Now, when youngsters experience growth, their awkwardness can be explained simply by the fact that their bodies are now longer and more dense than their brains remember them to be. You try taping a six inch extension of wood to the end of each of your arms and see how much stuff you bang into! Kids going through growth are awkward for a reason: the Central Nervous System, which is responsible for all movement, no longer has a grasp of where the body is in relation to peripheral objects and to itself.

So, you have a growing athlete who is 14 years old. How many times have you seen or heard those ‘qualified’ fitness professionals state that this is the age at which young athletes should start training hard for speed, power and hypertrophy? Load up the weights (or better yet, put them on strength machines where they will be ‘safe’), start counting out the plyometric drills and let’s get this kid onto the high speed treadmill for some speed/anaerobic conditioning! High performance sports training, here we come!

Give me a break.

You have an awkward athlete who is lacking optimal coordination and possesses a severely toned (and likely restricted) muscular system. Adding speed, power and hypertrophy training right now could not only be less than optimal from a developmental perspective, but also potentially harmful. Having said that, walk into any ‘sport training’ facility right now and you will see young athletes pounding out set after set of sprints on the treadmill and rep after rep of jumping drills. Very often, you will also find that same ‘qualified’ trainer doing little more than offering encouragement and counting the number of ‘back and forth’ jumps an athlete did during a 30 second time frame.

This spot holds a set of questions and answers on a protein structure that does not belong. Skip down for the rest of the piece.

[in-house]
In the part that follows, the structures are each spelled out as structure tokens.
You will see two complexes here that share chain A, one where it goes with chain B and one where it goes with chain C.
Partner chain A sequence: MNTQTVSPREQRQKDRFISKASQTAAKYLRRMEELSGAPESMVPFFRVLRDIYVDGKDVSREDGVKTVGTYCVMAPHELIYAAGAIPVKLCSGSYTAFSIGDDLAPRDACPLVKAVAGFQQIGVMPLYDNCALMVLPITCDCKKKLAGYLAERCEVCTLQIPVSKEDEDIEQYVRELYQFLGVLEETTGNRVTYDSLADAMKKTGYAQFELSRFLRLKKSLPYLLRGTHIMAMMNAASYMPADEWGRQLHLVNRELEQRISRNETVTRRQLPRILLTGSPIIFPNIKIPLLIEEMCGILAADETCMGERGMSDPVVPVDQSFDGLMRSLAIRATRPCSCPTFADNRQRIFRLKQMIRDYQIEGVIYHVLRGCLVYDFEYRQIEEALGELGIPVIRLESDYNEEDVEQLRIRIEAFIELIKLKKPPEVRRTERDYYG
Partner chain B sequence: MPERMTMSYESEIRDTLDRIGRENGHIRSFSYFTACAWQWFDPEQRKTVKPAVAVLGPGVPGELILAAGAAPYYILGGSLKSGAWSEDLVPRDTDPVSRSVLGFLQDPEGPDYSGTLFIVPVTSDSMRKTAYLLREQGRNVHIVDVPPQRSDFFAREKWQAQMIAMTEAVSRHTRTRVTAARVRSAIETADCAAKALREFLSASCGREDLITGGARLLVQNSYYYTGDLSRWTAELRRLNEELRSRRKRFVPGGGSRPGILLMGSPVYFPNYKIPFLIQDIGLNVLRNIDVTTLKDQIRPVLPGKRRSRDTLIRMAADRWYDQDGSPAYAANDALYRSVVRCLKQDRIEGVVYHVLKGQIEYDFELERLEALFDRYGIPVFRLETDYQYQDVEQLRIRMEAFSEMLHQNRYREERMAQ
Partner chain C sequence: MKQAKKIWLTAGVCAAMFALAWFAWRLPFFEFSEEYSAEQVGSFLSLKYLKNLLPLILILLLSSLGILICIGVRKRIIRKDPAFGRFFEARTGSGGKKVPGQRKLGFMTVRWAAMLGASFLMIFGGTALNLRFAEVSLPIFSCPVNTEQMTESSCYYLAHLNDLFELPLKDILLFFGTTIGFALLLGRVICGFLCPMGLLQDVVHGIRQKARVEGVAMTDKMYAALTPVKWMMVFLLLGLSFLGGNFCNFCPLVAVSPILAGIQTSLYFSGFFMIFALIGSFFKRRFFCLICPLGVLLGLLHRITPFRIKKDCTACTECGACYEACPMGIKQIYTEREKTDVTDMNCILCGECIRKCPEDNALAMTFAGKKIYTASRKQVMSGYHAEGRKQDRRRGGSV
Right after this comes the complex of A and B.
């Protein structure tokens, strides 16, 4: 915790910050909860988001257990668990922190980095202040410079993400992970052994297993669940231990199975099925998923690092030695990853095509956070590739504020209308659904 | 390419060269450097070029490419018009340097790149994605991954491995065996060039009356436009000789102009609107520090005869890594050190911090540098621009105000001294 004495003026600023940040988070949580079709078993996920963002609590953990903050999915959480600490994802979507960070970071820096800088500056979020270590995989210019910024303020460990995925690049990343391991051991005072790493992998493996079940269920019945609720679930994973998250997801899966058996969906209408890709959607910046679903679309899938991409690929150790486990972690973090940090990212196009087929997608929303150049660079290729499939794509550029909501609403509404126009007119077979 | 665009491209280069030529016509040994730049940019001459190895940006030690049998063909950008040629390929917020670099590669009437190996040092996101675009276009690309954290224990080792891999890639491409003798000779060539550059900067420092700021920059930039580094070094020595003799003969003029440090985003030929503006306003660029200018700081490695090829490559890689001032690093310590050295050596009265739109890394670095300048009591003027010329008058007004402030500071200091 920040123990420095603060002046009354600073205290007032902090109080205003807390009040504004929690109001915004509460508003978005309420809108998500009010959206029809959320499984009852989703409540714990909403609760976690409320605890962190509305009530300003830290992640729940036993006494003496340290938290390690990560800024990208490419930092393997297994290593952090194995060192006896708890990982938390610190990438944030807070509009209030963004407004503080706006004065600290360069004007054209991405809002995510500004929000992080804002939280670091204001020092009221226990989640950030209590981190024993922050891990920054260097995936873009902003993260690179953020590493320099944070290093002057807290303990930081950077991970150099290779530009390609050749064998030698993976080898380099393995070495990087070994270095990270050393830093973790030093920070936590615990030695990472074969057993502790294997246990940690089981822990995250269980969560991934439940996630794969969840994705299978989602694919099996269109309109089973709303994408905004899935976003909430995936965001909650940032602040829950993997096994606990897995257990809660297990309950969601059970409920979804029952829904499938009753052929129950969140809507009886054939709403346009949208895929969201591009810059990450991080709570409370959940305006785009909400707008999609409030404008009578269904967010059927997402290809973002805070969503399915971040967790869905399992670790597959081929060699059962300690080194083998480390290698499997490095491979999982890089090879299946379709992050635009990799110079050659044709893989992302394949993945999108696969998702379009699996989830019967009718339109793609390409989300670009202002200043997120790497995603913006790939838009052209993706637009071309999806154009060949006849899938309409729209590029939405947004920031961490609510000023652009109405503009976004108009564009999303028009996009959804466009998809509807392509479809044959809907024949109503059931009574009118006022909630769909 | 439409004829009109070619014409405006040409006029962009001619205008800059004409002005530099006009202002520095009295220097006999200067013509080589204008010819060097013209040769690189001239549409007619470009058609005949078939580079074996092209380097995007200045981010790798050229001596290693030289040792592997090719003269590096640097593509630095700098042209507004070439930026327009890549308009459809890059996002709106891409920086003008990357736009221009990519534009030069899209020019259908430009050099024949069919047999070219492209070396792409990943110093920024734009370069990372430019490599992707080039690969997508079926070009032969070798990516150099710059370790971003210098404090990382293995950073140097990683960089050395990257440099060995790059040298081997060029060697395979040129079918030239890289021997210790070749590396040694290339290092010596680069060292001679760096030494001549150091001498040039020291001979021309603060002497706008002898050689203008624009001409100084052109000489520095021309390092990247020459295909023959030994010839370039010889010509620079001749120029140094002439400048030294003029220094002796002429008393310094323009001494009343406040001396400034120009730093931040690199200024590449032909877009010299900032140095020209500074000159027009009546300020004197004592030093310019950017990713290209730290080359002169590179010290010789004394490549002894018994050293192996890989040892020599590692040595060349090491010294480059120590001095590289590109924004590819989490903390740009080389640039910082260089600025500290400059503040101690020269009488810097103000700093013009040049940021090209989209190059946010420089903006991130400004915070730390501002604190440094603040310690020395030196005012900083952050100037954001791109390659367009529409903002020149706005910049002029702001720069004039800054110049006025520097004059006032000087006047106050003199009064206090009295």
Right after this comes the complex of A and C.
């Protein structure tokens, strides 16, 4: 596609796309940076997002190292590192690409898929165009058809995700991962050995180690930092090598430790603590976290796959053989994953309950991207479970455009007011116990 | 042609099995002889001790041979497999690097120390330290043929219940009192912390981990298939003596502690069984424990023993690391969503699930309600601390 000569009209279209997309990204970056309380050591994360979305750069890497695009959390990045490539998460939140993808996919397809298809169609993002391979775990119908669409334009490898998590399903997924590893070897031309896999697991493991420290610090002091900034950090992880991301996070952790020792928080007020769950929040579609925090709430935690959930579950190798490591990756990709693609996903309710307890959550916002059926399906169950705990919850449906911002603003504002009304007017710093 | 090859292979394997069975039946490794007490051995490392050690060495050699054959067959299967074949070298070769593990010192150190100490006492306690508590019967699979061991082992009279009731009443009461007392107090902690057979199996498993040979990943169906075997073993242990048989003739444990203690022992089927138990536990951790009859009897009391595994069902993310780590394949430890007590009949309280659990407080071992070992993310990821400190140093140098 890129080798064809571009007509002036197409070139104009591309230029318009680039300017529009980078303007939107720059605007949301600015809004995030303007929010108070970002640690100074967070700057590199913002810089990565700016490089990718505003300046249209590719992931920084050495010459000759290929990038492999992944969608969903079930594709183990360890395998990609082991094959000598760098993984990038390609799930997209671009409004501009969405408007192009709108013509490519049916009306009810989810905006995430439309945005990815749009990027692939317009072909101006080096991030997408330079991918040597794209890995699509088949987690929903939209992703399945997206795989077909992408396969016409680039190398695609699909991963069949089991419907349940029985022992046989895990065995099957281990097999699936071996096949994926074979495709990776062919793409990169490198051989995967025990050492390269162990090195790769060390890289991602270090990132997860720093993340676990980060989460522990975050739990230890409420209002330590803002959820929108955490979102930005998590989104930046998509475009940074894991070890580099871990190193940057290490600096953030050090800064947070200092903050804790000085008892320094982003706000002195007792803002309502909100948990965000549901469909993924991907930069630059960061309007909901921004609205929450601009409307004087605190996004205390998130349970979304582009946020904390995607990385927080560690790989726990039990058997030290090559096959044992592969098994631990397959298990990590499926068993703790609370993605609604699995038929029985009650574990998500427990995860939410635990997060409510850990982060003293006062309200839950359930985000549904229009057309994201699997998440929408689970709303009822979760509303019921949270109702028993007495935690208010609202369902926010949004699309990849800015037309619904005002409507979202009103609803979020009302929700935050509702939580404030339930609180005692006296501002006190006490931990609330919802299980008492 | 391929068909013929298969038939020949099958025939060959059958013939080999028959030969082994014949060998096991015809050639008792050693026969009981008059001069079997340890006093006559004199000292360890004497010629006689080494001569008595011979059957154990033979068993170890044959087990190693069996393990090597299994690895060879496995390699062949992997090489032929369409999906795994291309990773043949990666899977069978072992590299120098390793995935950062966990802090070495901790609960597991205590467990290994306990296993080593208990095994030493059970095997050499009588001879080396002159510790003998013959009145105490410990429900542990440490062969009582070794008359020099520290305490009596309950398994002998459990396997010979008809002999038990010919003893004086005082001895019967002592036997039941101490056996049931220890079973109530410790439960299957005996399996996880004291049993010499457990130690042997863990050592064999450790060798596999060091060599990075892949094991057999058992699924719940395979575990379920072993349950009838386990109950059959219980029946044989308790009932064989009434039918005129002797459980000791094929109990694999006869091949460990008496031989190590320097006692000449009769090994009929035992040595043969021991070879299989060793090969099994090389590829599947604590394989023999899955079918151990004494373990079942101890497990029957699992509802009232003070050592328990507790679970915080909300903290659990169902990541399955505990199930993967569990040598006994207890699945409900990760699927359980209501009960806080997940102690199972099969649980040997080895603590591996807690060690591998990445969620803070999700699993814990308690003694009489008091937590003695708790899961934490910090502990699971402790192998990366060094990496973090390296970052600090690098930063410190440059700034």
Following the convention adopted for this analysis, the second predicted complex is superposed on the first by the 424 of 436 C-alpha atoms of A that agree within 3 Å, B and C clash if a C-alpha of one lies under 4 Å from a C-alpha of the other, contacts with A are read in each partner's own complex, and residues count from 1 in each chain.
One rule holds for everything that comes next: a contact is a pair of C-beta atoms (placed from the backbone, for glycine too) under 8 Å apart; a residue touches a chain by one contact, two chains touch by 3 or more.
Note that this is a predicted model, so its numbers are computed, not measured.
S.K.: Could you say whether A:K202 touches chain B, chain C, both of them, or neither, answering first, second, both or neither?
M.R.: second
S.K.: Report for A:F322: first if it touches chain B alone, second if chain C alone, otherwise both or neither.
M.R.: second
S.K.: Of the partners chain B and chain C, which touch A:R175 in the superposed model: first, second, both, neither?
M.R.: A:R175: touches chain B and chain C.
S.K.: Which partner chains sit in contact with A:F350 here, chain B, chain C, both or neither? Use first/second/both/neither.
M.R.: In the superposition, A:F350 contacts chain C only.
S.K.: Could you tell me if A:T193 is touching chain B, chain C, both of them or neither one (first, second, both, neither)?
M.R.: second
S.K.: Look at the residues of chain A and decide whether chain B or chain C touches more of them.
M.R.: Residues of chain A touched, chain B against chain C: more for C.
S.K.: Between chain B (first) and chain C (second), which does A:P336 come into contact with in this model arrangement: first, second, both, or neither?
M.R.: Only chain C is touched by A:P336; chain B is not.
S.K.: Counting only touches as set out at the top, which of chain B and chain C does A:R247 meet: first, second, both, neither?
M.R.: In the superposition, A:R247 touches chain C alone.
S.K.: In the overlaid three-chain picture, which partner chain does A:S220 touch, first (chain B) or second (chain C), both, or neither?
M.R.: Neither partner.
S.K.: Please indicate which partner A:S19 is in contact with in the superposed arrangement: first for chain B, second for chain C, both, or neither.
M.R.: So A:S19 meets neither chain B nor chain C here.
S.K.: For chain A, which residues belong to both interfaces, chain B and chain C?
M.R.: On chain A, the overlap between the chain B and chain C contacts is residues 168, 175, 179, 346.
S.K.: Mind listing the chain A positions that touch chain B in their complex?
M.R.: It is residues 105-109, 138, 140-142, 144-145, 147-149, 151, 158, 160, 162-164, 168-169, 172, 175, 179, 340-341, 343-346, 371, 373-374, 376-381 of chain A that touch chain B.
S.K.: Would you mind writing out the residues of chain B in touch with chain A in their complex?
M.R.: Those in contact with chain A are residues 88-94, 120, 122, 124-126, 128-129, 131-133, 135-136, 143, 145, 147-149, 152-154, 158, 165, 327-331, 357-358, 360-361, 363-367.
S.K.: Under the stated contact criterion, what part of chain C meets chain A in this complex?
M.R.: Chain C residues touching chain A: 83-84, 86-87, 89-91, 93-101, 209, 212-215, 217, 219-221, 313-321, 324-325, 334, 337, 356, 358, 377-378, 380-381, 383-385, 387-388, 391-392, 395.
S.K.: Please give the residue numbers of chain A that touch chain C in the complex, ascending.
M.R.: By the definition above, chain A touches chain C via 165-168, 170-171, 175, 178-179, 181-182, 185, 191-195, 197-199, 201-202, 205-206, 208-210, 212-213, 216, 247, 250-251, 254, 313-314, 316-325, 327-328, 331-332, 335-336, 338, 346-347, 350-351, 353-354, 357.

While there are several factors and key points of programming for young athletes, one of the most overlooked is the technical aspects of both lifting and movement. An athlete who does not move well and efficiently is an inferior athlete. Yet rather than teach, correct, understand and discuss the science of efficient movement with young athletes, many ‘qualified’ experts opt instead to merely count repetitions. Why? Because showing an increase in the number of reps an athlete can perform is a tangible sign of improvement which can then be translated into marketing to both the parents of the athletes (sign your 14 year old up for ANOTHER 6 weeks of training) as well as to the market at large. ‘Before’ and ‘after’ scenarios are eaten up by our society and if the training facility can show folks that ‘junior’ will be able to run at 13 miles an hour on the treadmill rather than just 10, than they are going to get paying customers.

Lost in all of this is the long-term development of the athlete. What happens AFTER the six weeks are over? Are they better athletes, more in shape or merely more able to perform the particular drills that the facility takes them through?

Thanks Brian! We believe in the long-term approach to developing athletes. There is no quick fix when it comes to becoming an athlete. It is journey filled with constant learning, progression, assessing, building confidence, and fun! Look for Part II coming soon!

Gratefully,

Luke, Jsy, John, and Alicia